Of course, there's nothing in the Manual of Capitalism that allows the feds to fix the price of credit or support the housing market. This was the government at work, not the market. With the misleading signal coming from the credit markets, the capitalists just did what they always do - they overdid it.

Still, the world's press, pundits and politicians have convinced themselves that the fault lies not in themselves...but in capitalism. And now, they expect the feds to do something about it.

But that's just the way it works...one hallucination gives way to another. One delusion on the way up; another on the way down.

*** Even star mutual fund managers are getting walloped by this market. Chris Mayer offers us a few examples:

"Managers with great track records are faring poorly, and it may help you feel better about how you are doing. Jean-Marie Eveillard, for example, has been running money for 50 years. He's beaten the market handily for a long time. He is a cautious type. He likes gold stocks. He likes Japan. He's down 27% this year. Robert Rodriguez, another cautious money manager who holds a lot of cash and runs FPA Capital, is down 29%. These are among the best of the best, as the market is down more than 40% this year. William Fries at Thornburg is down 43%. David Winters at Wintergreen is down 37%. Wally Weitz at Weitz Value is down 39%. The list goes on and on...

"So you see, nothing is really working well in this market right now - at least not for investors in stocks. However, there are a lot of cheap stocks out there, bargains I haven't seen in a long time. Unless the world comes to an end, which it has a habit of not doing, future investors will be a happy lot. Count me a cautious buyer of stocks."

Caution is the name of the game here...

And the bargain hunters were abound this morning, setting up a rally worldwide in the markets.

Also boosting the markets is the anticipation of the Fed's two-day meeting, that begins today. It is widely believed that the Fed will cut rates...but it remains to be seen what, if any, lasting effect it will have on the markets.

Lurking behind this rally is this unsurprising tidbit: consumer confidence in the United States hit an all-time low in October. The Conference Board reported that expectations have turned "significantly pessimistic with the percentage of consumers expecting business condition to worsen over the next 6 months rising to 36.6% from 21% and those expecting fewer jobs rising to 41.5% from 26.9%"

*** Perhaps the biggest delusion of the financial world now is that the dollar...and dollar-based Treasury obligations...are a safe refuge. In a sense, of course, they are. The U.S. government is in no danger of defaulting on its loans. In an emergency, it can always just print up the money. But that's the problem. An emergency is coming. More on this when we get a chance to think about it...

*** "I'll be all right down here," said our old friend Doug Casey. Doug has bought a place in Cafayate, a town that reminds us of Santa Fe or Aspen, before they were ruined by rich people. He's building a world-class resort - complete with golf course, riding trails, tennis, health spa, library...everything he wants.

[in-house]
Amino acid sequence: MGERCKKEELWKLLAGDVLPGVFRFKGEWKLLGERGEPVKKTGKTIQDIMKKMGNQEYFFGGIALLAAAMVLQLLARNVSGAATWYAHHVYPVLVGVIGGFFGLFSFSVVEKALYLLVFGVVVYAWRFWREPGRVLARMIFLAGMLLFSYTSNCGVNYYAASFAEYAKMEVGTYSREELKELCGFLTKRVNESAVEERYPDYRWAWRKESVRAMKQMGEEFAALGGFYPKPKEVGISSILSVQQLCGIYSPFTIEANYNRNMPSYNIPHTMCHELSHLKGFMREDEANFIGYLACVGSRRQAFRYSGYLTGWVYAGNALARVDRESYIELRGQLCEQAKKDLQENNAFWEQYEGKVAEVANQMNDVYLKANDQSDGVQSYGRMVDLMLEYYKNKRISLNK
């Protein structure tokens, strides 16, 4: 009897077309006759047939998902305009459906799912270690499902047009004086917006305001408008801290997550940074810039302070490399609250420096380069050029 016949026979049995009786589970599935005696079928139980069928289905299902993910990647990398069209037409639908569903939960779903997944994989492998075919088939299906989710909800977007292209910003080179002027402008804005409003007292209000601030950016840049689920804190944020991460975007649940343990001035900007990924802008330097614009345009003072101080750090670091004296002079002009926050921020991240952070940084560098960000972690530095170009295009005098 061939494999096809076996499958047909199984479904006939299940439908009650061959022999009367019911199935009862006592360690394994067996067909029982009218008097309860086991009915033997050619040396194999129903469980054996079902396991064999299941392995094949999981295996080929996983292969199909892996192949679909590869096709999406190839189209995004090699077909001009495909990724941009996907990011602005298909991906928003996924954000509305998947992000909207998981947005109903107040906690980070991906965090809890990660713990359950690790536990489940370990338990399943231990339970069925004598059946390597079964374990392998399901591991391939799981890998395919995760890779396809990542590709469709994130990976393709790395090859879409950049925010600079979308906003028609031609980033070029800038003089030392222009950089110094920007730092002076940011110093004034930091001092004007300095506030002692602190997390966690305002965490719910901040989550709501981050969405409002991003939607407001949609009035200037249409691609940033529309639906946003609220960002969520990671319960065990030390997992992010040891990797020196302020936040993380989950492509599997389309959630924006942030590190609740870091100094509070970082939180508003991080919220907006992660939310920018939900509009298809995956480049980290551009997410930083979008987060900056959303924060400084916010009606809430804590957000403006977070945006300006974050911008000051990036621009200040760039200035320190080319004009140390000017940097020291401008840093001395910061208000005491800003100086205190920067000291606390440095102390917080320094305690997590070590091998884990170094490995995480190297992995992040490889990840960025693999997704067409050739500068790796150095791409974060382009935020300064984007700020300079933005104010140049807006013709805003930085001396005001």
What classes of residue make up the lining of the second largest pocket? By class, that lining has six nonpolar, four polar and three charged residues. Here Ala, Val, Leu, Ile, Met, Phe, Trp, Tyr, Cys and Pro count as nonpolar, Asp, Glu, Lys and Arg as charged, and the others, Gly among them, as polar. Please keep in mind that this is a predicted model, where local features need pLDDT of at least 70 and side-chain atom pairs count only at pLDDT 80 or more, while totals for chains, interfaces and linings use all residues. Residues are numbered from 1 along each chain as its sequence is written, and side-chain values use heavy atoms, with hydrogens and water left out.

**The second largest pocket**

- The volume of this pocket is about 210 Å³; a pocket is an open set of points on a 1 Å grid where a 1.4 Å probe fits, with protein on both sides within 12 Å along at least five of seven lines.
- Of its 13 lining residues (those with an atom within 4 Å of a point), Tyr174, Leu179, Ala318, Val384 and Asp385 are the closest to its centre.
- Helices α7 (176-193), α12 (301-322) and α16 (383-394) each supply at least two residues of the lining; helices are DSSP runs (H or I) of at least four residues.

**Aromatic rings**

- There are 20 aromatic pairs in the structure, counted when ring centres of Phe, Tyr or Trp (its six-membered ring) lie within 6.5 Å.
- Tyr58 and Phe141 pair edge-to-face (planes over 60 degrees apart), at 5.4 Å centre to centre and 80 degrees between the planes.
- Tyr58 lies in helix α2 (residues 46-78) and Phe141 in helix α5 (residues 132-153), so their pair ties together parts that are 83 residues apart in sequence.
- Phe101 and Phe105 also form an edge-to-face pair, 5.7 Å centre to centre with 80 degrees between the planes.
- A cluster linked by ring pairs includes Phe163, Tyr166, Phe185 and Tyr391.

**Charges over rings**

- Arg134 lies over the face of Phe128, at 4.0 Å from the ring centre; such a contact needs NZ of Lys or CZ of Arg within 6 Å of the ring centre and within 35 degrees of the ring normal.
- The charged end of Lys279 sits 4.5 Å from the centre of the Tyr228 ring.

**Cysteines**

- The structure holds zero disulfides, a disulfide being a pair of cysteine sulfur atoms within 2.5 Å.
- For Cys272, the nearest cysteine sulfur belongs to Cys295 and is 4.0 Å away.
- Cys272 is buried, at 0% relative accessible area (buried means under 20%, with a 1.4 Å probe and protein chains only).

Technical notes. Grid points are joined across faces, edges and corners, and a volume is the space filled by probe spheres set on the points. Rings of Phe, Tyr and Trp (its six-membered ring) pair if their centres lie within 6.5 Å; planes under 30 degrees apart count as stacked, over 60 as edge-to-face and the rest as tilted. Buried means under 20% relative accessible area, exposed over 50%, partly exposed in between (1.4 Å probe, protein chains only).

Cafayate also has several things going for it that Aspen and Santa Fe did not. First, it is prettier and the weather is better. It is always sunny, with pleasant temperatures. Wherever you look, you see beautiful mountains. What's more, it produces some of the world's best wine.

Doug's place is right in the middle of a vineyard. In fact, he's got it set up so that revenue from the vines pays much of the operating costs of running a golf course and so forth.

"Another big plus," says Doug, "is that this place isn't going to suffer too much from the credit crisis. Nobody down here had any credit."

*** Doug is not completely right about Argentina's credit situation. Believe it or not, there were lenders - mostly big banks - who were foolish enough to extend the nation credit. Naturally, the Argentine government treats these angels like taxi drivers in Buenos Aires treat other foreigners.

Almost every time we go to the airport, the taxi driver tries to pull a fast one. "My meter is broken," said one, "the standard fare is 200 pesos." (It is really about 70 pesos.) "We crossed into another zone," said another, "so I have to add another 50 pesos." "It's night time," came another invention, "after dark you have to pay a surcharge."

It's all good fun. The taxi drivers are merely establishing the going rate. The price for a run to the airport is much higher for naive foreigners, but why shouldn't it be?

So is the price for lending to the Argentine government.

This from MoneyWeek:

"In December 2001 [Argentina] reneged on its $95bn of sovereign debt.

"At the time, that was the biggest default in world history, though these days such a number looks like chicken feed compared with what the world's bankers have recently managed to mislay. Only in 2005 did Argentina sort the final details, with a 'take-it-or-leave-it' 70% 'haircut' on face value, again the largest sovereign debt markdown ever.

"Three years later, it's back to square one. Inflation is rocketing (some estimates put it at 20% annualized) and the government is once again running out of cash. Argentina's borrowing needs will swell to as much as $14bn next year from $7bn in 2008, says RBC Capital Markets. And any confidence that the country will be able to repay what it owes is fast flying out of the window.